If children or animals are able to pry off the lid of an old, abandoned septic tank and fall into the poisonous contents, they can pose a possibly catastrophic harm to their lives.
In addition to building a new sewer line to connect your house to the public sewage system, a contractor can drain and either remove or disable your existing septic system, depending on your needs.
Are you thinking about connecting to the city’s public sewer system? Do you have a septic tank that is no longer in use? Consult with the experienced plumbers at Express SewerDrain for their recommendations! Topics:Sewers
How to Run a Septic Tank Line From Your House
A septic system is made up of two lengths of pipe that are connected together. Initially, it runs from the house, where the system services are located, to a tank, where the waste is separated and solids settle out. The second section runs from the tank to the drainage field, where fluids from the tank are dispersed into the earth underneath the tank. The process of installing the first run of pipe is quite similar to that of installing a traditional sewage line. It is necessary to maintain a downhill slope to the storage tank.
Locating the Septic Tank
The tank serves as the nerve center of the septic system. It is required to be situated between the residence and the drainage field. Each and every septic installation must begin with a soil test, and depending on the results, soil conditions may necessitate the placement of the tank in a less-than-ideal site for digging sewer lines. Also required are minimum setback distances from property borders, functioning wells, surface water and other obstructions to provide a safe working environment.
A standard septic tank has a 4-inch intake at the top, which is positioned towards the bottom. Ideally, a 1/4-inch-per-foot slope toward the pipe from the house should be maintained by the pipe connecting to it. To put it another way, for every 10 feet of distance between a tank and a home, the inlet must be 2 1/2 inches lower than where the pipe departs the house at its lowest point. The pipe usually exits at ground level, although it may need to pass beneath a foundation footing or concrete pad in rare cases.
Digging the Trench
The trench for the septic pipe should be dug before the hole for the tank since you will need a backhoe to complete the work and the tank will get in your way if it is already in the ground. To allow rainfall to drain properly, the pipe should be placed on a 2- or 3-inch bed of drain rock, so remember to account for this extra depth when digging. It is normal to use a four-inch pipe, and it should be installed far enough down to link with the main soil stack, which is a three-inch pipe that runs vertically past the main bathroom and through the roof of the home.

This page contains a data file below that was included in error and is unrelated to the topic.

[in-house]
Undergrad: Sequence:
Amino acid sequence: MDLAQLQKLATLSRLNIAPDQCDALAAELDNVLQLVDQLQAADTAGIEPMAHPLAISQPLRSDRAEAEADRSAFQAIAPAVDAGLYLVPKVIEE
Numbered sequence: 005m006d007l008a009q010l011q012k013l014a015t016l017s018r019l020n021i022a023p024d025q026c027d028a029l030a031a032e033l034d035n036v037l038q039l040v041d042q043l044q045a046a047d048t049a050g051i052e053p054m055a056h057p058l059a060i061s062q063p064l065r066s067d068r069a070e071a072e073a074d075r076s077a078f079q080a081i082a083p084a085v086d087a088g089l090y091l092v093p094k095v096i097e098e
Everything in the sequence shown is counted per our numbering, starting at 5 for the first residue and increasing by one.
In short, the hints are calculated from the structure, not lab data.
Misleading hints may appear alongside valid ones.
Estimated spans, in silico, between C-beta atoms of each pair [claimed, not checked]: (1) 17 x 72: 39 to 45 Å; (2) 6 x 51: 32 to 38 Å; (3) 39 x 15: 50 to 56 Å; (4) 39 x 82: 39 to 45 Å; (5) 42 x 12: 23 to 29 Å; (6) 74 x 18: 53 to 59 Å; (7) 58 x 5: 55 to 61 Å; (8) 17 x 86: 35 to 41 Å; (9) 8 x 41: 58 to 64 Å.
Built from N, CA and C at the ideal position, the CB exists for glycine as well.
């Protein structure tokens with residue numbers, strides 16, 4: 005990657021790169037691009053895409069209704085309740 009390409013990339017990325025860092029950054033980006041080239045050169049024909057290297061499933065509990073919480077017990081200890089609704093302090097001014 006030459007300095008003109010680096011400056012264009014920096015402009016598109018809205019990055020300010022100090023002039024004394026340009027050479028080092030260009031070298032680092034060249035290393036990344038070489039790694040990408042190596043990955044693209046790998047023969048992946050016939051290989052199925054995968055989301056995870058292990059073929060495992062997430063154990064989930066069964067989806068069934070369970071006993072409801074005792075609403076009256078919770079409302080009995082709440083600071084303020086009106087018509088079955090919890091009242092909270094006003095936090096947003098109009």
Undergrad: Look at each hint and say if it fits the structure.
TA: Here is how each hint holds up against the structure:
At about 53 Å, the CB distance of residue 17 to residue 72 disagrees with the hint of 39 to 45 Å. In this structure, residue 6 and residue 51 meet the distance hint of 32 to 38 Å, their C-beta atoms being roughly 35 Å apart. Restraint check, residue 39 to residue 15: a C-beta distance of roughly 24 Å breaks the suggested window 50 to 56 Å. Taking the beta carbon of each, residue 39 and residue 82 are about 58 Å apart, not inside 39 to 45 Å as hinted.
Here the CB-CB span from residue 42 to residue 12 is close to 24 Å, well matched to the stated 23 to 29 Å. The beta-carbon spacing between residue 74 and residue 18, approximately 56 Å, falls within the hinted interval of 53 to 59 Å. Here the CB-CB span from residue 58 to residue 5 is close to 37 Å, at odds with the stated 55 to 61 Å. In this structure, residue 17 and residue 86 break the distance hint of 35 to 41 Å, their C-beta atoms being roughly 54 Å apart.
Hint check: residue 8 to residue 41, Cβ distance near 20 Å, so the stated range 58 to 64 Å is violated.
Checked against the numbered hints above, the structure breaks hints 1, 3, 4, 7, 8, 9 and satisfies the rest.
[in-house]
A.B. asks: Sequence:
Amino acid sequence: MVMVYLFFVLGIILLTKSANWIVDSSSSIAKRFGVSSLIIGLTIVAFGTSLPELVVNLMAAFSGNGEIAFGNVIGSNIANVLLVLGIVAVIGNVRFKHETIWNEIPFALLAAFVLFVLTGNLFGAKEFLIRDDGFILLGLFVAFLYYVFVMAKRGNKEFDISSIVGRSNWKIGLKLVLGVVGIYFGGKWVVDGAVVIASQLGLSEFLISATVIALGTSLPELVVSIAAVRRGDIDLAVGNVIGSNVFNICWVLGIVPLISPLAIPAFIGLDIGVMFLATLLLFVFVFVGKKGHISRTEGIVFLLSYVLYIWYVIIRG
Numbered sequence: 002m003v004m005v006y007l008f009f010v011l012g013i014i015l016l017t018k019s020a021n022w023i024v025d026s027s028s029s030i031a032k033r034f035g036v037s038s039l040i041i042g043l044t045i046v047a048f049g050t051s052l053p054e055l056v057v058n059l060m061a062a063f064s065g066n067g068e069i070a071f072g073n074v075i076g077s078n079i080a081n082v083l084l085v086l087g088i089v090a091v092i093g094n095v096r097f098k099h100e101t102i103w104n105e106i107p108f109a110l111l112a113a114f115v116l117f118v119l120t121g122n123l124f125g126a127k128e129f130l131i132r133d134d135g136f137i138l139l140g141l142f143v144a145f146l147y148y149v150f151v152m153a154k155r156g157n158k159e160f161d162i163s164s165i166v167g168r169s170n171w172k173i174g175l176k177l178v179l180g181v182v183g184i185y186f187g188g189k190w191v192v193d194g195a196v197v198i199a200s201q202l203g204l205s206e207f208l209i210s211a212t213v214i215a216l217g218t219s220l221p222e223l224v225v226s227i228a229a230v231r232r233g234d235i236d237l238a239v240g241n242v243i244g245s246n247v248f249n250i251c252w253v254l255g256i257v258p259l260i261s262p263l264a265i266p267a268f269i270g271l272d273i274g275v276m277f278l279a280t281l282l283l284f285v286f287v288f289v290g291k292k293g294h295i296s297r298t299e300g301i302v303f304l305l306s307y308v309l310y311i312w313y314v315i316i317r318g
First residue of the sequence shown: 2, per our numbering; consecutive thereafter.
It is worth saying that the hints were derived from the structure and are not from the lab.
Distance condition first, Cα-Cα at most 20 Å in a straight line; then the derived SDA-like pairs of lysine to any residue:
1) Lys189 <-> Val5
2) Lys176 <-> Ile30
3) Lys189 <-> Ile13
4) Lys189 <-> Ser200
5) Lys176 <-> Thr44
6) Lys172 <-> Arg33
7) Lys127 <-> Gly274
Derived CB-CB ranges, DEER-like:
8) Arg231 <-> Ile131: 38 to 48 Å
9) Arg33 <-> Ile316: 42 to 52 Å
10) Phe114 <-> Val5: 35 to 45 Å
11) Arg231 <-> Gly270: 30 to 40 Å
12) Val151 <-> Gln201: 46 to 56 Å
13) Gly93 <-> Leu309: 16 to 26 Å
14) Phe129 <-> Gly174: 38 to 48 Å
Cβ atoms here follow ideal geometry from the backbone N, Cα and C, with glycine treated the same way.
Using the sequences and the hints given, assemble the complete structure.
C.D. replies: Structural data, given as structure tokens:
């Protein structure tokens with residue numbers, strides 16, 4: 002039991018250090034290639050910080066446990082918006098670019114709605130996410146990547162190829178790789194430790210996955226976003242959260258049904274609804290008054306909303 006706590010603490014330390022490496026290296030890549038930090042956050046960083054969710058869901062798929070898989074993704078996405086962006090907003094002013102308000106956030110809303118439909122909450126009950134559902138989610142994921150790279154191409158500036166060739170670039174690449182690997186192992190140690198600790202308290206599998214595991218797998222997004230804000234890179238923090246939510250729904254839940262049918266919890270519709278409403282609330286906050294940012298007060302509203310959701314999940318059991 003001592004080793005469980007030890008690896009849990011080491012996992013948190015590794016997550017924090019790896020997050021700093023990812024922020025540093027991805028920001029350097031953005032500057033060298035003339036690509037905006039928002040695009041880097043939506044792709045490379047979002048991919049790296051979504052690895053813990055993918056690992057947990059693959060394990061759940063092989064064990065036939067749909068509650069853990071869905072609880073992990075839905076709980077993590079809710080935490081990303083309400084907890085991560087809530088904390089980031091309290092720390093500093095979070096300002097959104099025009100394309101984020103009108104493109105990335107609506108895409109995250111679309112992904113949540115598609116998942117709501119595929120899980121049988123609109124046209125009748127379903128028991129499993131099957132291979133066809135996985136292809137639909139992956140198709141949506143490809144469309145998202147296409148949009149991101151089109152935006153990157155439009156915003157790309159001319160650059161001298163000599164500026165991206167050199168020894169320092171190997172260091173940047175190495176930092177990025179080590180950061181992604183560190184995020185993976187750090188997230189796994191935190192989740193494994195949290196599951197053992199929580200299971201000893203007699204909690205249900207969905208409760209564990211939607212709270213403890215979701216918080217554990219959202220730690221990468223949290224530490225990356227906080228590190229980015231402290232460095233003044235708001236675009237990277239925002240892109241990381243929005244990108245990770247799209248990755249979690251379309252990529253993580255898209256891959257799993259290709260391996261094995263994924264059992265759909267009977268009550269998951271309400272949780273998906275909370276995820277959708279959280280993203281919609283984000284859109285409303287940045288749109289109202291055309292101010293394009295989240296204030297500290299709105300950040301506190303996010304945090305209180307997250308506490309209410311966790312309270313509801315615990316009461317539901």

Local building and health agencies will demand permits for a septic tank installation. You will also be required to submit a design plan before the permits will be provided, so prepare ahead of time. This layout should be developed in collaboration with a local builder who is familiar with the unique characteristics of the topography in your neighborhood. Stay away from planting trees or plants near the tank, drainage field, or any of the pipe systems.
They will be drawn to the pipes in their hunt for nutrition, and their roots will be able to successfully block them. You will be unable to use your septic system until the roots have been removed from the pipe. Removal may be both expensive and time-consuming.
Everything You Need to Know About Septic Tanks and Who to Call for Septic Tank Pumping
When it comes to drainage systems, not every Cleveland, Tennessee, home is designed the same way, but it’s crucial to understand what you’re dealing with in your own home. If there’s a lot of space between the residences where you live, you can have a septic system instead of a regular sewage system. As is the case with anything, you have to know how to manage your septic system, which includes regularseptic tank pumpingin most circumstances. If you have no idea what you’re talking about when it comes to your septic system at home, here are some fundamentals to get you started.
How Do Septic Systems Work?
Your house’s sewer system transports waste water from your Cleveland, Tennessee, home to a centralized point where it is treated before being redistributed back into the environment. It is not need to worry about things such as septic tank pumping because this water continually left your property and travels to a treatment center located a long distance away. Septic systems are a viable alternative to traditional sewage systems since they break down waste on your property rather than in a sewer system’s collection system.
- Three levels of waste water collect in a septic tank, the majority of which can contain around 1,000 gallons of waste water.
- The heaviest material sinks to the bottom of the tank, resulting in the formation of the sludge layer.
- This accumulation of waste is the primary reason that many individuals require septic tank pumping systems to be put in their tanks.
- This gas is evacuated through vents in your roof, which create gas with each influx of waste water into your home or office building.
Why Choose a Septic System?
The most common reason for consumers to install a septic system is because of their living situation. There are some scenarios when it may be preferable to have a septic system installed in your house rather than connecting to the city’s sewer system, and this is the case in some cases. Even if your configuration necessitates the use of septic tank pumping, it may be a more cost-effective alternative. When it comes to connecting to the sewer system, the distance between residences in your neighborhood is one of the most significant difficulties.